Garden Giveaway: Grow Parsley, the Butterfly Magnet

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Patsy Bell Hobson is blogging at Oh Grow Up! When not in the garden or on the road, find her in southern Missouri USA. Read more travel stories at Striped Pot. Find more garden, travel and random rants on her Facebook.   

Parsley (Petroselinum crispum) is a biennial, meaning it takes two years to mature and reproduce. It is grown and used mostly in its first year. If you live in a Zone, or have a microclimate, where parsley will overwinter, encourage it to do so.

Parsley is a member of the carrot family. When it blooms in its second year, the family resemblance to its cousin Queen Ann’s Lace (Daucus carota) is easy to see.

Photo by Patsy Bell Hobson 

Parsley has always been an annual in my garden. Until recently. In the spring, last year’s parsley grew tall and fast. Instead of the usual plant that grows about a foot tall, this plant grew to about 3 feet. Then, this overachiever bloomed. That’s when its family tree became apparent; parsley is related to dill.

I always plant a lot of parsley because I love it and the butterflies love it. It makes me happy to see an invasion of parsley-eating caterpillars. They love dill and fennel, too.

Photo by Patsy Bell Hobson 

Once you see the hungry caterpillars, butteries are soon to appear. Your organic garden is attracting the black swallowtail butterfly. A chemical-free herb garden is a gourmet buffet for butterflies and pollinators.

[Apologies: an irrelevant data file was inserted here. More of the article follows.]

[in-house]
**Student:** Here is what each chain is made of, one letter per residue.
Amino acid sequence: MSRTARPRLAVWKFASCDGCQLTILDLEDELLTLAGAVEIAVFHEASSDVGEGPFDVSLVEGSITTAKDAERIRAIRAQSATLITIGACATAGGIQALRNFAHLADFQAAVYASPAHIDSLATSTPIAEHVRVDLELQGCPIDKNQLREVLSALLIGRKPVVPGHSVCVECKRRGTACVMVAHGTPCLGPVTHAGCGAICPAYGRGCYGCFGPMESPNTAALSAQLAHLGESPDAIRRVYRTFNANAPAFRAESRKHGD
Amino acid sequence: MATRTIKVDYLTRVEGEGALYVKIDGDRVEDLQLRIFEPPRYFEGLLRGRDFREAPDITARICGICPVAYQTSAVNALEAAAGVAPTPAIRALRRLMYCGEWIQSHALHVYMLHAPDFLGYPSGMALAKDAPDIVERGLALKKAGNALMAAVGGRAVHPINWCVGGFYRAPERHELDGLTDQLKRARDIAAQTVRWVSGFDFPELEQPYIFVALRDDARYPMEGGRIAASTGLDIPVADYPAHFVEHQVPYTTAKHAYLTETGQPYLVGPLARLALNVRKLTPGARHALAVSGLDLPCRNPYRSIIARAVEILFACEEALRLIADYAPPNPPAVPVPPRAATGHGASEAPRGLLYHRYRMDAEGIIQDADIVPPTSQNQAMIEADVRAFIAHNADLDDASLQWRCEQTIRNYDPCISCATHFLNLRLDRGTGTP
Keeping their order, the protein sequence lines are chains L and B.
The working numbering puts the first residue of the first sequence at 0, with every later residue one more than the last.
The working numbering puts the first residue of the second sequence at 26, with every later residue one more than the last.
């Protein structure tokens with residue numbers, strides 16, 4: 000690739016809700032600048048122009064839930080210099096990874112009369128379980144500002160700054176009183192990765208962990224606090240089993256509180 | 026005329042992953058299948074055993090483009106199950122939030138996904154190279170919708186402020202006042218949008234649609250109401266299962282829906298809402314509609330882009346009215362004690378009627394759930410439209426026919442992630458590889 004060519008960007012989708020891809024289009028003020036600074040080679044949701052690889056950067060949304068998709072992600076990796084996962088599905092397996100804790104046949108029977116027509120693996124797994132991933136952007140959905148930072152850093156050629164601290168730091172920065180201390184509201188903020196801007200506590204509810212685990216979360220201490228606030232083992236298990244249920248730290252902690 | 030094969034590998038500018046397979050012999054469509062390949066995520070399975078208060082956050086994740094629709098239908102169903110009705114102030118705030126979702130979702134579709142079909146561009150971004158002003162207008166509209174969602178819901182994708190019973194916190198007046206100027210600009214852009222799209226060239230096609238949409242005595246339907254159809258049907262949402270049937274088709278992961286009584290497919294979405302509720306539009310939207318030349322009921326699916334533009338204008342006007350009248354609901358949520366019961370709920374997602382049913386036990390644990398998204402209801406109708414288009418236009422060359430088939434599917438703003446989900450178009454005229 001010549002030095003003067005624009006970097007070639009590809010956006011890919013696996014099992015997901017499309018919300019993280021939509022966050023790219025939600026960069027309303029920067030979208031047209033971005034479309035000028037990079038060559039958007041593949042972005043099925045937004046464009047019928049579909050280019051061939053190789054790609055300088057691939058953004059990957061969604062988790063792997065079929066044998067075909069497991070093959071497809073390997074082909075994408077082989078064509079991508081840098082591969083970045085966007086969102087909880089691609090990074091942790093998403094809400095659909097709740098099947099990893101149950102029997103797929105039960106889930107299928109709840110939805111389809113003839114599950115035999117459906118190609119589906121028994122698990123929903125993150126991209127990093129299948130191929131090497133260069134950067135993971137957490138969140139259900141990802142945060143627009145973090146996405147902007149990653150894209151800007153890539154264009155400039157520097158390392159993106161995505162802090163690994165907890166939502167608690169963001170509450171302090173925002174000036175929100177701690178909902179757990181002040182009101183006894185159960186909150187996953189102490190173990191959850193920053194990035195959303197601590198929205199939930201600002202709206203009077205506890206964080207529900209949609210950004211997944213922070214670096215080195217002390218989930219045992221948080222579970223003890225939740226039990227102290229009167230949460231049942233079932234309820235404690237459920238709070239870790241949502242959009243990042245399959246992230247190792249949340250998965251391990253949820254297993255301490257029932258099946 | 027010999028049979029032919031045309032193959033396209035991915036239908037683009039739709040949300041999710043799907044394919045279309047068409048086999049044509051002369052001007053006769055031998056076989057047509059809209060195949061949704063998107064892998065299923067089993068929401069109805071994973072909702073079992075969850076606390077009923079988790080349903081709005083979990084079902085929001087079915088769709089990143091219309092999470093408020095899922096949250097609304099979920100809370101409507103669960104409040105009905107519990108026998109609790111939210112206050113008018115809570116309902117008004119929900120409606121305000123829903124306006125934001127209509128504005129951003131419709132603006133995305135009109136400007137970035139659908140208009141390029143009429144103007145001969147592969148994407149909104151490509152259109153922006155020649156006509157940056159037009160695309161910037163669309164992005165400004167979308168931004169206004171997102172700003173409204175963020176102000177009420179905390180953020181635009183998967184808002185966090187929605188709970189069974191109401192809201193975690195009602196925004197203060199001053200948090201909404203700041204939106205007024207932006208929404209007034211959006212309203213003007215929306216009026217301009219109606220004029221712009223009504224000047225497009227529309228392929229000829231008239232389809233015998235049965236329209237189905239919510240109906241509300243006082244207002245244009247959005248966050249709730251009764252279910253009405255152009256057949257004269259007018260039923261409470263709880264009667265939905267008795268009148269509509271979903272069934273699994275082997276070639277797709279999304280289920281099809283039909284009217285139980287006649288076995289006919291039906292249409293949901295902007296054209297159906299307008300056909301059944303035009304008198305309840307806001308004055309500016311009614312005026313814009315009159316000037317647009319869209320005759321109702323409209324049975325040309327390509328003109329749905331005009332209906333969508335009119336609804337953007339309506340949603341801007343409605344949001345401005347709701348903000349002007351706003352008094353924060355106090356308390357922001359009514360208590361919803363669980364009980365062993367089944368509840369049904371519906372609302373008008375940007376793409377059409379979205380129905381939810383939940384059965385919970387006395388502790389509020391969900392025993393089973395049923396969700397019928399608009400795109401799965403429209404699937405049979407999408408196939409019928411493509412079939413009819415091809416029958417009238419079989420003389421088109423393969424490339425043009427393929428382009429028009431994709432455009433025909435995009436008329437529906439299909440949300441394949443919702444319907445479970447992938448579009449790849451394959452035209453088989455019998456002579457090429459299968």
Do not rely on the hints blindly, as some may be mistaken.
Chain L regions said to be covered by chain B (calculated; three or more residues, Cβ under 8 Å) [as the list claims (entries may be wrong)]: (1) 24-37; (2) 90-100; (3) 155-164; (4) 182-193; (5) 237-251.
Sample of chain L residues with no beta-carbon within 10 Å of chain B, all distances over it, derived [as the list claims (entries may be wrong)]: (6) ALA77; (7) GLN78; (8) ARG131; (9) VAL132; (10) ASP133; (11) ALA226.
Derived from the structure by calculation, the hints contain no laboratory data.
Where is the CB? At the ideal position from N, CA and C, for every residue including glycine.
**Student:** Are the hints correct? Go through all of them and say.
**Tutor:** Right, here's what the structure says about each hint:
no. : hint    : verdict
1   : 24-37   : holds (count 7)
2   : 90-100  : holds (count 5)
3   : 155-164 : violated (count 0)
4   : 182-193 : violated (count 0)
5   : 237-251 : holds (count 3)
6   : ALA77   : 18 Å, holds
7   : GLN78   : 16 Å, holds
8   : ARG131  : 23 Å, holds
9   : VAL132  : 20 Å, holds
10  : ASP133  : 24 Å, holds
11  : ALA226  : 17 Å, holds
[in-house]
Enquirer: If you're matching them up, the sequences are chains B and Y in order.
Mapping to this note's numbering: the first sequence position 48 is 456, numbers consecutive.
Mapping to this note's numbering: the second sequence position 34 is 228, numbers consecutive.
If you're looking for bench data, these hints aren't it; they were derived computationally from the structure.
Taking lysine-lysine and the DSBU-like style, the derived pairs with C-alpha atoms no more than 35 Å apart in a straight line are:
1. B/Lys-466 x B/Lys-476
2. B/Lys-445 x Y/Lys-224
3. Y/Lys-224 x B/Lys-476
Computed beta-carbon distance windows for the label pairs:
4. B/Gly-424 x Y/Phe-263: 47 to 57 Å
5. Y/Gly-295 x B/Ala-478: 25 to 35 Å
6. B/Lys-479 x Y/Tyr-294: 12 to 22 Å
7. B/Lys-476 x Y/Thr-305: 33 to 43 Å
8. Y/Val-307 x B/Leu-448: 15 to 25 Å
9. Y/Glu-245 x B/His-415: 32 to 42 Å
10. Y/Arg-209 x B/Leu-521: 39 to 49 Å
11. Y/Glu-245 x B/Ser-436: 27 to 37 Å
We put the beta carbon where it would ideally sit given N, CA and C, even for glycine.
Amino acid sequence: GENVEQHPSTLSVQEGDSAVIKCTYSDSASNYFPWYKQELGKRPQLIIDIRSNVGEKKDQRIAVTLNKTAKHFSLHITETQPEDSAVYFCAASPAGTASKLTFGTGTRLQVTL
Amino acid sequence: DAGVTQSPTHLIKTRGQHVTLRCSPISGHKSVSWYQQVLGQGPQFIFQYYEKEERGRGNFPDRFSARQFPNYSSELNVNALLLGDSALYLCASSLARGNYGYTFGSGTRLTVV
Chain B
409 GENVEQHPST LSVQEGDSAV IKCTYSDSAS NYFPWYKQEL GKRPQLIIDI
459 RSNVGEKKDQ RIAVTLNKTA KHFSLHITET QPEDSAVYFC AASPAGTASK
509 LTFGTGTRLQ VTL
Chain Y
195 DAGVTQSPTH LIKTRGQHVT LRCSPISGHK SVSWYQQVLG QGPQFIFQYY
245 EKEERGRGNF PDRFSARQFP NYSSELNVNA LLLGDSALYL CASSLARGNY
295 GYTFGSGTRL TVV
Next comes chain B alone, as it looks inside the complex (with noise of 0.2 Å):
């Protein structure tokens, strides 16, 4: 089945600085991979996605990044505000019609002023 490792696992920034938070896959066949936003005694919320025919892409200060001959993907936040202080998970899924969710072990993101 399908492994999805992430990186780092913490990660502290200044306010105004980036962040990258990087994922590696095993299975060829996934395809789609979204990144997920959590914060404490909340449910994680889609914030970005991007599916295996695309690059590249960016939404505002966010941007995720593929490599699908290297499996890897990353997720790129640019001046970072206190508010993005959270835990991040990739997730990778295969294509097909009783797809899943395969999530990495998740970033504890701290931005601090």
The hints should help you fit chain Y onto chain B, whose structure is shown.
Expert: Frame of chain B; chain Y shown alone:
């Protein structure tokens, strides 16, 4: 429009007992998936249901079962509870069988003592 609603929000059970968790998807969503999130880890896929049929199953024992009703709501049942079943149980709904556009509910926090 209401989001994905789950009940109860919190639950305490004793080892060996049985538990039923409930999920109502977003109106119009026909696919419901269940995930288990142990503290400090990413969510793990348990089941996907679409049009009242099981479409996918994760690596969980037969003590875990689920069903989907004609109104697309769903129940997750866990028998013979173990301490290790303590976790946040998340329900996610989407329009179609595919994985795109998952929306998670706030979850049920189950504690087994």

Parsley contains vitamin A, B1, B2, calcium, iron, and anti-inflammatory flavonoids. So, parsley is mandatory in my amazing and miraculous chicken soup. I stock up on parsley for my fabulous homemade soups. Substitute either for the other in any recipe.

Photo by Patsy Bell Hobson 

Fresh is always better than dried parsley. But if you have an over abundance of fresh that you want to preserve for delicious soups, here’s the best way to do it: Wash and chop the leaves, fill an ice cube tray with the leaves, add water or broth to fill the cups of the ice cube tray, and place them in the freezer until frozen. Pop the cubes out and store them in an airtight container in your freezer. I use a heavy duty zipper lock bag to store all the individual cubes. Thaw when needed, or just pop an ice cube or two into your soup or sauce.

My favorite summertime dishes have lots of parsley: chimichurri and tabbouleh. Use chimichurri on anything grilled, such as meat or vegetables. Normally, tabbouleh is a side dish, but when parsley and tomatoes are at their best, tabbouleh can be a main dish.

Be patient. It may take weeks before your parsley sprouts. Grow curly leaf and flat leaf parsley in the same way. Normal garden soil will support vigorous growth. Plants like moist soil, not wet soil. Provide full sun.

Seed Packet Giveaway 

Renee’s Garden sells both flat leaf and curly leaf varieties. I grow both. I love the dark green extra curly seed, called “sweet curly,” imported from a French grower. And luckily for you, Renee’s Garden has agreed to give away three packets of curly leaf parsley seed to Herb Companion readers. Winners will be selected randomly from comments. Look through Renee’s online catalog for more herbs.


• Post a comment in the comments section below telling us which parsley you prefer, flat leaf or curly leaf, and why.

End date: April 2, 2012 (12:00 a.m. Central Time)UPDATE: Time’s up!

The winners have been contacted. They were chosen using Thanks to everyone who entered my Garden Giveaway! Watch out for even more giveaways. 

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